July 22, 2008 at 4:34 pm |
  32. Troyjay in DC

    Violet Miller, your comments are exactly what reminds us all that the southern style racism of the 60's era still exists today, you have the type of view that quickly changes once this type of event occurs in your own backyard, when it happens to your son, daughter, nephew, niece, cousin, relative or neighbor you all of a sudden find it to be outrageous. Shame on you for your comments.

    July 22, 2008 at 4:31 pm |
  33. Matt

    Now the way I understand this is that some kid (the one whom was put in the hospital with severe head trauma ?) in Jena hung nooses by the school.... then he gets the hell beat out of him and ends up in the hospital with severe injuries. So the police do their job and make some arrest and jail a kid. The kid whom was arrested and charged with attempted murder kicked another individual while they were knocked out in the head several times. What do you think he was trying to do while kicking him? Wake him up? Give me a break. This kid should be charged. Where is the civil unrest with the fact that the kid who was arrested was trying to do severe harm to a helpless individual? SIX KIDS BEATING THE HELL OUT OF ONE PERSON and you have people claiming that they should not be charged? Where the hell is the common sense in the world today?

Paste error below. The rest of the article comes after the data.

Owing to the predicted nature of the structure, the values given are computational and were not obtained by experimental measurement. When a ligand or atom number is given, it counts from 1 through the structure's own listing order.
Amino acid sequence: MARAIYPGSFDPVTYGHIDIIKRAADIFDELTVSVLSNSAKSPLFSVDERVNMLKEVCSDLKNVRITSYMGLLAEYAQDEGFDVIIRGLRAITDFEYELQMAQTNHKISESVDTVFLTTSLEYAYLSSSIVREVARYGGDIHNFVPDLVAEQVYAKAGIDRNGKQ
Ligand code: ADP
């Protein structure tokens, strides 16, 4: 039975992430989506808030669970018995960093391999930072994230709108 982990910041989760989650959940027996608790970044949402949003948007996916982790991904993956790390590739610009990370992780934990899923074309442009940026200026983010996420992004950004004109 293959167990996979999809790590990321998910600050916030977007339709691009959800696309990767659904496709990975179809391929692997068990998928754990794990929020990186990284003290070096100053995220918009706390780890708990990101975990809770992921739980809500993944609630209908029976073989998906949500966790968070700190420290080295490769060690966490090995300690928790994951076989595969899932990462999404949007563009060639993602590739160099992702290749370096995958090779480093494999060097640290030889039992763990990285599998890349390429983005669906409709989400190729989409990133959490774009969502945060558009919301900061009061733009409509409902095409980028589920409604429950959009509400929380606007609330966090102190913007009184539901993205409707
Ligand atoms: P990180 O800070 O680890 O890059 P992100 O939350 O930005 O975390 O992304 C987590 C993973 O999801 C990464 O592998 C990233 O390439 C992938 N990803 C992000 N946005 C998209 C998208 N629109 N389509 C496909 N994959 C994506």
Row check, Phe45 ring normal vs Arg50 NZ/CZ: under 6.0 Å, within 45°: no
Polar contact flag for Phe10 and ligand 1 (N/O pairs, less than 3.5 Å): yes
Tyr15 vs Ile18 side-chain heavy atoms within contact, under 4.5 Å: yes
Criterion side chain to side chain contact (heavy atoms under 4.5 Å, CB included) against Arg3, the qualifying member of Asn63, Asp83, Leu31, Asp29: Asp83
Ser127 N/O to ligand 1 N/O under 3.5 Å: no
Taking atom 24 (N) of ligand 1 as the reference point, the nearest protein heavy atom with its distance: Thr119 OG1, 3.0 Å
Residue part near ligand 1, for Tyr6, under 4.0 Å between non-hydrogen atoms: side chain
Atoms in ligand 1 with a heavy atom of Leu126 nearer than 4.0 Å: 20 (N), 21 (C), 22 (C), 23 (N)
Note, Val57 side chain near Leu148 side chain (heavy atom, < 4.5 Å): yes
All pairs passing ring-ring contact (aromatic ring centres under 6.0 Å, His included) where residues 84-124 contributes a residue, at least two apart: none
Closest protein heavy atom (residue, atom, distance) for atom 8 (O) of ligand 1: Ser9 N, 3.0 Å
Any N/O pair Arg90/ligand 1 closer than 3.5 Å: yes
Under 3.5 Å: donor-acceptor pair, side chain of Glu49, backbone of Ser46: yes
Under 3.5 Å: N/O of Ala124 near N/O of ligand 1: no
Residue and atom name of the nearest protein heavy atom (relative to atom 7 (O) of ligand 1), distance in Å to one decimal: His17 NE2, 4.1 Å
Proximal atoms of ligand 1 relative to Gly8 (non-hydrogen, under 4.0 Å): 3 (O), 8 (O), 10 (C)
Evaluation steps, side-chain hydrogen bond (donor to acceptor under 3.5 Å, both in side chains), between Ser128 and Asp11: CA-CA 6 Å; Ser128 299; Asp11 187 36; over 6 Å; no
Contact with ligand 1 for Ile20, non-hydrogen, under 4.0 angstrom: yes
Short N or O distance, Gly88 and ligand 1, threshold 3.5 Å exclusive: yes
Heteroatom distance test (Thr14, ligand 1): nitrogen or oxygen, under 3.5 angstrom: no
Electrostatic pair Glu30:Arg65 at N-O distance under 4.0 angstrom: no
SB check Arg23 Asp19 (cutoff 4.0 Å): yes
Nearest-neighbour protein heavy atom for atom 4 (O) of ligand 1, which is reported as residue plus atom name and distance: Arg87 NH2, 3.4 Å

Now you have a cop whom abused his power while arresting a felon. Yes he may have stepped over the line, however how many people out there have ever tried to deal with and or restrain an individual while they were "high" on cocaine or crack? It is by no means an easy task, hand cuffed or not. The cops actions should be reviewed there is no doubt about that. We should not jump to conclusions without all of the facts.

    July 22, 2008 at 4:30 pm |
  34. Dana

    Re to Violet Miller

    You don't care that the Police MURDERED this young man. How do you know he was guilty? In this country, people are innocent until proven guilty and this right was taken from Baron Pikes together with his life. We don't know who he was or what he had done, if anything at all. YOU DON"T KNOW EITHER, so keep your racist comments to yourself.
    And I hope you're next in the way of abusive Police force, maybe if you survive you'll learn something.

    July 22, 2008 at 4:29 pm |
  35. john doe

    I'd just like to say, as a police officer myself I can say there have been several incidents where I need to utilize my tazer on a handcuffed subject. Let me start by saying that I'm in no way defending these officers, nor am I criticizing them. It is unfair and unjust to police to criticize them until you have all facts, just the same as an alleged criminal. I'll give you a bit of information in regards to the tazer. If you don't already know, it has two uses. The first and most common is the actual probes that discharge out of the weapon and into the target. The second use is called a drive stun, which is basically the same as a stun gun. Most times if a prisoner is tazed while handcuffed, it is with the drive stun mode. Some prisoners once handcuffed become more of a threat by kicking and spitting at officers. The also tend to kick out police car windows. When they become uncompliant when handcuffed, and are kicking and screaming, many officers do drive stun the individual to stop the resistance. Before you judge what should and shouldn't be done, ask yourself this question. If you were a police officer trying to secure an individual, would you not use force such as a tazer to stop the resistance as opposed to being spit upon, bitten or kicked? Please recieve all the facts prior to judging.